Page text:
Boost Social Skills

Nadia Shanab | autism, general advice, parenting
1 Jul 2010

There is a misconception about children with autism and relationships. Autism comes from the Latin word “auto” which means “self”. This is why children with autism have been attributed the unsociable characteristic: the word “auto” implies selfishness. However, in reality, these children are interested in having friends, holding conversations, and learning about their environment. The problem is: they don’t know how to approach people or how to initiate social interactions. They need help, but they can not tell the world.

Children with autism may seem to be living in their own world, but the truth is, they are amazing observers and great emulators. If they get the appropriate training, they would be able to communicate with the outside world.

Why should we reinforce social interaction?

Our goal is to prepare the children to live in a community and adapt to the environment. It’s all about integrating and blending them in the society. Most of all, they need to be as independent as possible. For this to happen, they need to interact with the rest of the world.

Here are some tips to encourage children with autism to interact.

1- Circle Time

This is a great opportunity as all the children are gathered in the same place to do the same activity. The teacher interacts with each student individually, then encourages the children to interact among themselves.

For example, the teacher would ask a student: “Good morning Johnny!” Then the student would (or is expected to) say: “Good morning Mr. X.” If the student is not responding, the teacher can ask the student to repeat after her/him. It all depends on the student’s level. “Johnny, say good morning Mr. X.”

“How are you today?” If this is too hard to answer, the teacher may offer options. “Are you happy, are you sleepy, are you excited, are you sad?” And so on. Usually, the child would pick one, especially if the teacher is showing the facial expressions poster to the child. Remember, they are very visual.

Read More

2- Share a Story

In regular education classes, this activity is a common practice. The students bring an item from home and talk about it. The teacher chooses the theme, talk about a picture, a book, a toy and so on. The student is required to sit (or stand) in the speaker’s place and tell his friends about her/his object. Once done with the presentation, the student would take questions and comments. The teacher then asks the rest of the class if the speaker mentioned three things about his object, and if she/he spoke out loud enough, then ask them to evaluate the speech by giving thumb up or down. At the end, everybody applauds the student for sharing her/his story.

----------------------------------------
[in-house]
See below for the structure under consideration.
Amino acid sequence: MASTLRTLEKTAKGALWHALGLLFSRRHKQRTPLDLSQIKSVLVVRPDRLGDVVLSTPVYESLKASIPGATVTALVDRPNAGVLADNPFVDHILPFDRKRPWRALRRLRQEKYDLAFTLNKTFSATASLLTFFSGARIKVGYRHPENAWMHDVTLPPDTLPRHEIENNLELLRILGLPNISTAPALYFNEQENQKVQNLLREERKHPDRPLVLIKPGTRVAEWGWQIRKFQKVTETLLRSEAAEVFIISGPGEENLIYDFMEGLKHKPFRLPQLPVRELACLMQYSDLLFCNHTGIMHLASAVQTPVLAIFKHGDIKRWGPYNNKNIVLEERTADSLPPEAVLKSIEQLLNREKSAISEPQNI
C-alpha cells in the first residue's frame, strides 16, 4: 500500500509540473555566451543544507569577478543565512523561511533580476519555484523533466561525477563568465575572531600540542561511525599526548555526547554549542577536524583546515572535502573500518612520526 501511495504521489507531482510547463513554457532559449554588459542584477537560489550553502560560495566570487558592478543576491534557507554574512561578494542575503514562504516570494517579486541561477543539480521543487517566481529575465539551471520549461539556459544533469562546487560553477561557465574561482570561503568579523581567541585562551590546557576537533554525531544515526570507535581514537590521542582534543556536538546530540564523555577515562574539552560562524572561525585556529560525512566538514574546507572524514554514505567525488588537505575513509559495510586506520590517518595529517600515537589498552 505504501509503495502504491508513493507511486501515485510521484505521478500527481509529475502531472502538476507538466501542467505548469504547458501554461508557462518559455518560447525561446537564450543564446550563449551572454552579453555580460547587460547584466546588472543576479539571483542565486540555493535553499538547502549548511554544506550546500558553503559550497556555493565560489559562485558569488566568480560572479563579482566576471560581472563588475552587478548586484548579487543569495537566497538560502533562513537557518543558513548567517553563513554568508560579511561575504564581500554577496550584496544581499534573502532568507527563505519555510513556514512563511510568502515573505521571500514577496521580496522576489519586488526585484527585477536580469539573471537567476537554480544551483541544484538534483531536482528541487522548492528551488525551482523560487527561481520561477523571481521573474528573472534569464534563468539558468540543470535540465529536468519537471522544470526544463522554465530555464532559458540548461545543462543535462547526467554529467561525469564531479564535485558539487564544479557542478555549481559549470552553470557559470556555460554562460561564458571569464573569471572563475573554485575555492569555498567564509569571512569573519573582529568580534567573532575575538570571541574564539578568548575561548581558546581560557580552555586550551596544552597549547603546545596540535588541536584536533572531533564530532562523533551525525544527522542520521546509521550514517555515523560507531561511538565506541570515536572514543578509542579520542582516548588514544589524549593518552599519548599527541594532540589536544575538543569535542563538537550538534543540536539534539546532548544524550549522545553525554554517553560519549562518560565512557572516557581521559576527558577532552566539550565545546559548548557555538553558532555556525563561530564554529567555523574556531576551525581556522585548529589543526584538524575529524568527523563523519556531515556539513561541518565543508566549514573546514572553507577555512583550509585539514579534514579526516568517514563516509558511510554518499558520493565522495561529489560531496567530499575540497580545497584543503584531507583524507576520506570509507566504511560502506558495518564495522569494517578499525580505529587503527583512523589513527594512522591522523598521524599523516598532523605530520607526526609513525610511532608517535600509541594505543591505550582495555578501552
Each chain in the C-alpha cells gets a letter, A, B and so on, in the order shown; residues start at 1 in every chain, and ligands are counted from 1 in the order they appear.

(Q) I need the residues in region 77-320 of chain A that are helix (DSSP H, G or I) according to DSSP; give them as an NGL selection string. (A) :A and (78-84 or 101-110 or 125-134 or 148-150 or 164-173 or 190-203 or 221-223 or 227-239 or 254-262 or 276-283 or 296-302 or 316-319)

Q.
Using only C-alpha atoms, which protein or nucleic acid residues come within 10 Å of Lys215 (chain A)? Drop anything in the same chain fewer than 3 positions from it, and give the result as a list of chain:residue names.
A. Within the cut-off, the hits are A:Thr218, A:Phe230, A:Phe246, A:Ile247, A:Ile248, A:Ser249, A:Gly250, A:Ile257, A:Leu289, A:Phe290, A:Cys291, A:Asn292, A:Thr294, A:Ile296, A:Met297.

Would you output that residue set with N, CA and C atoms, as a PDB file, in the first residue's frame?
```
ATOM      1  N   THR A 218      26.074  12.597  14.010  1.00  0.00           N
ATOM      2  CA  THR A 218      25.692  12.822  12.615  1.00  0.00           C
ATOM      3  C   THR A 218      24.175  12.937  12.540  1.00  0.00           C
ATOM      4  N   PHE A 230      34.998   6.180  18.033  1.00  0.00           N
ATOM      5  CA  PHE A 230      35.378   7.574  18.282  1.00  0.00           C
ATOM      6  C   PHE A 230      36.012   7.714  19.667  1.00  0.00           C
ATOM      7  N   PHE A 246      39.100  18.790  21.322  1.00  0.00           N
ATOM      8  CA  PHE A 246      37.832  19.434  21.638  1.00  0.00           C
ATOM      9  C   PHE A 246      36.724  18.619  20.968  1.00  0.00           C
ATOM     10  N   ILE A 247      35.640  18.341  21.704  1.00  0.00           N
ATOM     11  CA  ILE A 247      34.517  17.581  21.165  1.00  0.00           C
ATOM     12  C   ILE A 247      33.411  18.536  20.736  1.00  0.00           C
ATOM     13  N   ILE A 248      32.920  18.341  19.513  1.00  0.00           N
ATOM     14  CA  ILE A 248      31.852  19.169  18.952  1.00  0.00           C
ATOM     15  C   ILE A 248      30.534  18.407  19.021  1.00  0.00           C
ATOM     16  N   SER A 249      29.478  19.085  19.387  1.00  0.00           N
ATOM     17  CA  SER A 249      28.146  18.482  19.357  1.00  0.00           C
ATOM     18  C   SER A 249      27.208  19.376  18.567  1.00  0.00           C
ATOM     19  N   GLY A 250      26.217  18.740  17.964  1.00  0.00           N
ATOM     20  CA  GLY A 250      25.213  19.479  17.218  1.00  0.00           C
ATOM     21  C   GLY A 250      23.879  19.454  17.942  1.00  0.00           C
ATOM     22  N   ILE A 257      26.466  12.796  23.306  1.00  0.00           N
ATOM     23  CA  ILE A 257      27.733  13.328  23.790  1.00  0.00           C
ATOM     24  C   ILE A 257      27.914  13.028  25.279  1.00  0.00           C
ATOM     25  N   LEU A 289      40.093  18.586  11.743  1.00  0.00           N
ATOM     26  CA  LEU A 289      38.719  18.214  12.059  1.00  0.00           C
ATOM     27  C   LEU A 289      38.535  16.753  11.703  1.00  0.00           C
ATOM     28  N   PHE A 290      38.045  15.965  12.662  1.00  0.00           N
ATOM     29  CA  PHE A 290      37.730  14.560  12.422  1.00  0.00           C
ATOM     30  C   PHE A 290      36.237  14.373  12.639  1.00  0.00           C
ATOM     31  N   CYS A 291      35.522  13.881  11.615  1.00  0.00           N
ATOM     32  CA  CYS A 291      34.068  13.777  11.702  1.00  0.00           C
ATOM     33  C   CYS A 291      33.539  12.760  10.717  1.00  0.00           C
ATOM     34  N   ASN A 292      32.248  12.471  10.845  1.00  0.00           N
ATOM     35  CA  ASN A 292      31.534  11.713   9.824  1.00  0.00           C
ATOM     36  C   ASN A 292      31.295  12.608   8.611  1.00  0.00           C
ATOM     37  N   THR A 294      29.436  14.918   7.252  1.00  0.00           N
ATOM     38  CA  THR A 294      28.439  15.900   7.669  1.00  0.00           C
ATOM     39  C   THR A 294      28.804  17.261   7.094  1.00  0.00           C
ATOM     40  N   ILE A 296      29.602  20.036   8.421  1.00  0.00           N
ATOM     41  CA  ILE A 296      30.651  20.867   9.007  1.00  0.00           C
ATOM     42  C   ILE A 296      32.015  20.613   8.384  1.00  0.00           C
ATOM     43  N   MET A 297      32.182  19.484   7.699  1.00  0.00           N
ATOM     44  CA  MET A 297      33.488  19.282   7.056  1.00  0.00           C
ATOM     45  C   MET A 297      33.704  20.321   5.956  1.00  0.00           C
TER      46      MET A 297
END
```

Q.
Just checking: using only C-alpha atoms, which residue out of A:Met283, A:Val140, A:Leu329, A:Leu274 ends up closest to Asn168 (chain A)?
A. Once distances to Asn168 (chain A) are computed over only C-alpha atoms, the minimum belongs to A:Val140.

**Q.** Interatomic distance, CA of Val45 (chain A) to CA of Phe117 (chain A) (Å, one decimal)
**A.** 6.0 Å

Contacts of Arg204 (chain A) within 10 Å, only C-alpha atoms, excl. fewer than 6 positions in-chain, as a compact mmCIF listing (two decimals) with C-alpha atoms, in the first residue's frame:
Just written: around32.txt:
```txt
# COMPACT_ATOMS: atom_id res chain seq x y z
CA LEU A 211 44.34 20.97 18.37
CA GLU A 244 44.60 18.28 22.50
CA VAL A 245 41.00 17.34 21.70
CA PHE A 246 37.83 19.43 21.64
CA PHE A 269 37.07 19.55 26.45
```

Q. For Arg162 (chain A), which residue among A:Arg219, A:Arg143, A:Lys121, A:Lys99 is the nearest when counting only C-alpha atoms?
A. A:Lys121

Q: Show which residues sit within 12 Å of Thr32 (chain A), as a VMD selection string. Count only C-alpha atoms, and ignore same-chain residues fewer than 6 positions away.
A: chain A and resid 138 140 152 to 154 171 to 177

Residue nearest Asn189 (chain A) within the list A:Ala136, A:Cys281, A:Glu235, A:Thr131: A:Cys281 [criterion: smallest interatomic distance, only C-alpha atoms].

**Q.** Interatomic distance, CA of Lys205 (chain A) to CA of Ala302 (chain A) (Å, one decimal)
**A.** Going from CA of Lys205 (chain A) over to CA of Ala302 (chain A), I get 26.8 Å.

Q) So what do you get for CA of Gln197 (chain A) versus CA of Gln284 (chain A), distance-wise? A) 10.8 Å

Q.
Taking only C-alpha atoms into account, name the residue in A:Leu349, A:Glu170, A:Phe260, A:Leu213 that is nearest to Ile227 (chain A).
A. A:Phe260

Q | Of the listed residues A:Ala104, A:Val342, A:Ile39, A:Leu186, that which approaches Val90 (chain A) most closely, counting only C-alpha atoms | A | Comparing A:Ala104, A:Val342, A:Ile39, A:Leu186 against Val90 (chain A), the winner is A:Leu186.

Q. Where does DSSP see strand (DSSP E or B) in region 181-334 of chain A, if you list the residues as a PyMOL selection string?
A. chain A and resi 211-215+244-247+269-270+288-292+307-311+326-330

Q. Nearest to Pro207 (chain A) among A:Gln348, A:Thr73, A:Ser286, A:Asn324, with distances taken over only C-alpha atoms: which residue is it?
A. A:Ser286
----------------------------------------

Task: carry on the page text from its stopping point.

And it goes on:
The same concept can be applied in special education classes, after making some modification -as we do with the curriculum. With the help of all facilitators in the classroom, a simpler and shorter version of the presentation usually works out very well. The child feels so proud and accomplished after giving her/his presentation.

More Tips

Tags: , , , , , ,


  1. physician assistant says:

    Pretty nice post. I just stumbled upon your blog and wanted to say that I have really enjoyed browsing your blog posts. In any case I’ll be subscribing to your feed and I hope you write again soon!

  2. Mrs. A says:

    I appreciate your kind comment very much, and I hope you find the blog helpful! I’ll keep posting, stay tuned. 🙂

  3. minneapolis computer repair says:

    I completely agree and I just want to say that I really like your blog. Is this WordPress?

  4. Mrs. A says:

    Thank you! Yes, it is a WordPress.

  5. automatic blog trackbacker says:

    What?s Taking place i’m new to this, I stumbled upon this I have found It absolutely useful and it has helped me out loads. I am hoping to give a contribution & aid other users like its aided me. Great job.

  6. Mrs. A says:

    Thank you for your kind comment. I am glad the blog helped! Your feedback is highly appreciated.

  7. Keyword2 says:

    My brother recommended I may like this blog. He was once entirely right. This submit truly made my day. You can not consider simply how much time I had spent for this info! Thanks!

  8. Nadia Shanab says:

    Thank you for reading. I’ll keep posting!

  9. clicky says:

    Heya i’m for the primary time here. I came across this board and I find It really useful & it helped me out a lot. I am hoping to provide something back and help others like you aided me.

  10. Nadia Shanab says:

    I am glad the blog helped you! Your feedback is very important. Thanks for reading.